Infatuating Intimate Medium

harrisonmichaelEverything professionally about Michael (“Lionel”) Lebron can easily be crystallized into one sentence: The affable man loves talk radio and he excels at it.  “When Lionel is left to his own on-air devices and not squished into an existing talk ‘format,’ ‘formula’ or cookie-cutter political ideology, he is capable of creating a level of compelling content the quality of which we haven’t heard since the days of Jean Shepherd, Michael Harrison confidently states.  “All we have done at TalkersRadio is encourage him to do whatever he wants and as a result we have benefited from the brilliant results of that strategy.  What he does for us would fit any talk format out there today if the programmers didn’t ‘try to make it fit’ what they think is the only way to make talk radio work.” 

Making the most of his current TalkersRadio arrangement, he ponders further about finding, “a powerful well-positioned perfect terrestrial talk radio platform” with the correct everything. “TalkersRadio is the way some actors speak of theater, where they can preserve and develop their ‘chops.’ Everyone should be doing it this way. I want to see it grow into something substantive, different, and on its own. In the old days, when you had a book, you went to a publisher because they owned the press. To release an album, you needed to go to a record company because they had the equipment. That has all changed.”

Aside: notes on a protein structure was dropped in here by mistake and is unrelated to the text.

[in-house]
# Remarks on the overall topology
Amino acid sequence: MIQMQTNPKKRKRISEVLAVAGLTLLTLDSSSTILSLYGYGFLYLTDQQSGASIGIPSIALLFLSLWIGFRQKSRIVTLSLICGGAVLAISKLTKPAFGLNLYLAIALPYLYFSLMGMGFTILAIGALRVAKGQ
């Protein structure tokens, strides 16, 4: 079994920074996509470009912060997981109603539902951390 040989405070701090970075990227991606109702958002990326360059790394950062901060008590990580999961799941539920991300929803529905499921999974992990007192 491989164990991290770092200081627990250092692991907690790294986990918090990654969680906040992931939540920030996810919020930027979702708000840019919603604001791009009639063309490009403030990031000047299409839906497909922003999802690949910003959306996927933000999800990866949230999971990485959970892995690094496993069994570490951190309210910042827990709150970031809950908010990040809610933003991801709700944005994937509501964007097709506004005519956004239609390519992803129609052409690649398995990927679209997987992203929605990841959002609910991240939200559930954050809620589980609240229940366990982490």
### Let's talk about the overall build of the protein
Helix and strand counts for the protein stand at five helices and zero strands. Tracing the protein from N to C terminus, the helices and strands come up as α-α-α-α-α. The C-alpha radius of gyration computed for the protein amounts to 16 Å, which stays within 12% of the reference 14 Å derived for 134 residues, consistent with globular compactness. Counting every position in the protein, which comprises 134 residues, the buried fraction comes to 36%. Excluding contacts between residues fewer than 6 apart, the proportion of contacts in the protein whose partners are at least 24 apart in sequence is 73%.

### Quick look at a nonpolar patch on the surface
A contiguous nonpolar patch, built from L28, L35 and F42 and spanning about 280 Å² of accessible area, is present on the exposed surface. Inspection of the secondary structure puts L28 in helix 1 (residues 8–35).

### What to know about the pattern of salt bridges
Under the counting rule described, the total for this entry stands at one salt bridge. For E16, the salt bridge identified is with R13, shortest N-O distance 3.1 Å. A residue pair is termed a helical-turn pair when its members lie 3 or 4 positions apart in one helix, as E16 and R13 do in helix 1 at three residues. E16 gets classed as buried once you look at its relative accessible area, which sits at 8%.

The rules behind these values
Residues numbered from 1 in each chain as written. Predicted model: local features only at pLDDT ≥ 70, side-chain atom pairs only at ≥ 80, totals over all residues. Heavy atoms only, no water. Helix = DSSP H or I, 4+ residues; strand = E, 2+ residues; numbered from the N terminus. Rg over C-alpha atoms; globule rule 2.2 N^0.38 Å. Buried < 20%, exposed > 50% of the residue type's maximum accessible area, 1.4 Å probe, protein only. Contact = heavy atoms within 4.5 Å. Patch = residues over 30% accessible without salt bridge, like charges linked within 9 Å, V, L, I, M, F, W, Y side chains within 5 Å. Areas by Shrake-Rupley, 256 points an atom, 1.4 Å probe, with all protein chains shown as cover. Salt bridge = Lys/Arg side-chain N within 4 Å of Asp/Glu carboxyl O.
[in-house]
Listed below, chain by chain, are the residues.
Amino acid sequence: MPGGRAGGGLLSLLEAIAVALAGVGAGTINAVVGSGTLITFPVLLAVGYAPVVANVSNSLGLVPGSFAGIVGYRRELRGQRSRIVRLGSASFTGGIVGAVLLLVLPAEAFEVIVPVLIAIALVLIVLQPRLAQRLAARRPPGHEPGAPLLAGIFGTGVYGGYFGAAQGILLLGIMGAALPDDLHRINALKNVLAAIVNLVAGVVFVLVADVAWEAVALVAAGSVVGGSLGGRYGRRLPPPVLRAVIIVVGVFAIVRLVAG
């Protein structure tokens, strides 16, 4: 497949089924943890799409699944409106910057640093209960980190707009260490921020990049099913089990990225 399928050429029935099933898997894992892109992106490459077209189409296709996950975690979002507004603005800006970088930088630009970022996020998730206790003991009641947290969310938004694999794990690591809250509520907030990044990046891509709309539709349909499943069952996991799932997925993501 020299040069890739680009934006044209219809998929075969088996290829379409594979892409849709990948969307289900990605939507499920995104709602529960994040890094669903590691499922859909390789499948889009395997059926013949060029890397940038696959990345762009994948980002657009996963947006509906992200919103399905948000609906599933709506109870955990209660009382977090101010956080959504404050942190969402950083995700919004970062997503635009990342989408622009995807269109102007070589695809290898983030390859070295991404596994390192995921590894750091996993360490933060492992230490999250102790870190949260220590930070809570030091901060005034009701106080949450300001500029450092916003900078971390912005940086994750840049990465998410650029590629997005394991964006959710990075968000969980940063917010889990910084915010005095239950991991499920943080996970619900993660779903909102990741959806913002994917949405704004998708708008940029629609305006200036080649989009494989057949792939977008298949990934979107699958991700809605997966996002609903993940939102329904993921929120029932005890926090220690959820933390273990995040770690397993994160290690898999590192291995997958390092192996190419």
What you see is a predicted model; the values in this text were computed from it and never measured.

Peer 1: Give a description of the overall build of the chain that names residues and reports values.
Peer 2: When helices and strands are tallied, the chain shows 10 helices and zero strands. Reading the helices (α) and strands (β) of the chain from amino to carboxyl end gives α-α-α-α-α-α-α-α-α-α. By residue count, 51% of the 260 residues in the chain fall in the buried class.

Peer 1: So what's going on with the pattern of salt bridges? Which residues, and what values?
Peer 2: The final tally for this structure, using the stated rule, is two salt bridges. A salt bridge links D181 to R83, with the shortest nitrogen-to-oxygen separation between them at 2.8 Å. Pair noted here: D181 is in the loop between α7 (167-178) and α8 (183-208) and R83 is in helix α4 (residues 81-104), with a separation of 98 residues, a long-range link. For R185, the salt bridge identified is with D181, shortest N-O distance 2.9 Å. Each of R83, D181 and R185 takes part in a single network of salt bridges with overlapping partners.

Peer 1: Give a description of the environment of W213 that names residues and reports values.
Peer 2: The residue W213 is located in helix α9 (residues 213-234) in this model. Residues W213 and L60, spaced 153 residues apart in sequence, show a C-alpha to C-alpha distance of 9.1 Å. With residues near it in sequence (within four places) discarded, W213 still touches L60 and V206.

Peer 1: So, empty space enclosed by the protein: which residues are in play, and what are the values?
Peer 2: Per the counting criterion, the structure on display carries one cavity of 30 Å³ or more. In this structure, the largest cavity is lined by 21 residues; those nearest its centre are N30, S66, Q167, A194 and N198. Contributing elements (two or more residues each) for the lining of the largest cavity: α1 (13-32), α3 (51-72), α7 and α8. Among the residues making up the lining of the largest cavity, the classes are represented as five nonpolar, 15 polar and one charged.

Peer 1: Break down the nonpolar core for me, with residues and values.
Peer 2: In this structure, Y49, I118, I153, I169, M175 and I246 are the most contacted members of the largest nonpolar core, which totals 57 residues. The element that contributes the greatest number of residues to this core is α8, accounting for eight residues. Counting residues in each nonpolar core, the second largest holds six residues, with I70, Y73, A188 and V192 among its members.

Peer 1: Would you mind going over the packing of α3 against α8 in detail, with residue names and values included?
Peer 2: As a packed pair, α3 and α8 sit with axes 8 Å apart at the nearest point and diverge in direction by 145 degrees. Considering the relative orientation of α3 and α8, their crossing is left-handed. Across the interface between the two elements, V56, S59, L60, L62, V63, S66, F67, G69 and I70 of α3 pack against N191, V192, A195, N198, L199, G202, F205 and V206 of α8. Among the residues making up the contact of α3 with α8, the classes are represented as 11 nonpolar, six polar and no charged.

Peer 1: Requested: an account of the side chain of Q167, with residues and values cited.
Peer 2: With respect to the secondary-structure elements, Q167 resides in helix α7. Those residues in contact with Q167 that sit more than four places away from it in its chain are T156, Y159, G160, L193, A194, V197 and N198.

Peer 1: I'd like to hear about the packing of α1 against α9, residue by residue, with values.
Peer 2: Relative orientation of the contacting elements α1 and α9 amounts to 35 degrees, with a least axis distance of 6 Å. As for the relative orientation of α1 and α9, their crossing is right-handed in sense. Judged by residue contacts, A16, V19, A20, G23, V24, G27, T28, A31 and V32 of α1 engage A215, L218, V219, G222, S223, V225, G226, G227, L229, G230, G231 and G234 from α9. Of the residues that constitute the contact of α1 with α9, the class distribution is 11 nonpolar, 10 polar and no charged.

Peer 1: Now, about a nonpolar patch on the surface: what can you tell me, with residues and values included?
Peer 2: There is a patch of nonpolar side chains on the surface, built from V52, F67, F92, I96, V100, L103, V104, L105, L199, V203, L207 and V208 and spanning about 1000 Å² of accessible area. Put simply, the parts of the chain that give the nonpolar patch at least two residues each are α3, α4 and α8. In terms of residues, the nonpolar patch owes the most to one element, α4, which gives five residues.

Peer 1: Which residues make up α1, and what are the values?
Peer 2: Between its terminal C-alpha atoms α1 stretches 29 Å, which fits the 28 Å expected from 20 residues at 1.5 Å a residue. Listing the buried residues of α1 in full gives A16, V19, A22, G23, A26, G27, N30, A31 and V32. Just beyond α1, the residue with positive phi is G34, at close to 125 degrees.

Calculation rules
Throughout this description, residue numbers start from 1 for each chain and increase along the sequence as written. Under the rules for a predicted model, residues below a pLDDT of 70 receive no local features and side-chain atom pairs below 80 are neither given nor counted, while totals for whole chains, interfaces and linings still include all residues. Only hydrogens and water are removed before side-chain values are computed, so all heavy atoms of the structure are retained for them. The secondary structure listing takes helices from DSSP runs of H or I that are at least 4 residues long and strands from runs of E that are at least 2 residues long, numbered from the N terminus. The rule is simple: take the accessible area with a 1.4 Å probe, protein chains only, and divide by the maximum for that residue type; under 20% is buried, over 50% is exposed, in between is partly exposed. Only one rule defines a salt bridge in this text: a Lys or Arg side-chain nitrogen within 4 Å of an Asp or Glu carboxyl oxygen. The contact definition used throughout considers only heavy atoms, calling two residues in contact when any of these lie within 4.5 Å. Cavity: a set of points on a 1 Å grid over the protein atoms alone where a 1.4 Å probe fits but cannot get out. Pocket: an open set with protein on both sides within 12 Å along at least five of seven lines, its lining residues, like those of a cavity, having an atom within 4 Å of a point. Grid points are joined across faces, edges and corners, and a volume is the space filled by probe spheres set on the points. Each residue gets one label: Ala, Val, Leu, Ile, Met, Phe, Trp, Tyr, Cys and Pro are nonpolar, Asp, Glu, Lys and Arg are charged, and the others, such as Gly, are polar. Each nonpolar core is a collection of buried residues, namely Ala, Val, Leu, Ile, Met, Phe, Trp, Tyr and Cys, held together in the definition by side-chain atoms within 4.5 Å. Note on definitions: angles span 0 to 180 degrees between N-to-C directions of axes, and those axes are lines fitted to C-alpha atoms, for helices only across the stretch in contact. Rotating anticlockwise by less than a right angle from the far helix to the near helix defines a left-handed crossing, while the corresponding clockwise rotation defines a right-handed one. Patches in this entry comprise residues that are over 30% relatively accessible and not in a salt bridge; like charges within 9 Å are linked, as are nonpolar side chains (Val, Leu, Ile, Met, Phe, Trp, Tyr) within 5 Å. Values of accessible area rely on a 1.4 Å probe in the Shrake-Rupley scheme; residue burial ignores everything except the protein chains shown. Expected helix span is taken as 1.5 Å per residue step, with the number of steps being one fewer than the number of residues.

Being on the air is not a job for Lionel, but rather a combination of art form and therapy. “I have benefitted so much to be able to explain what I think,” the author of 2008’s Hyperion-published Everyone’s Crazy Except You and Me … And I’m Not So Sure About You, declares. “It is going to be something else when we master telepathy in radio. I am waiting for that one. Until then, radio is so easy yet it is so difficult. I feel this medium was created for me as an extension of who I am. Whether you like it or not, I guarantee no one else does what I do, and no one thoroughly enjoys it as I do. Radio has a wonderful intimacy and is still a blast for me. It is perfect and it sure beats working.”

(NOTE: Lionel can be emailed at


Contact TALKERS managing editor Mike Kinosian at Meet both Mike Kinosian and Lionel at Talkers New York 2014 on Friday, June 20.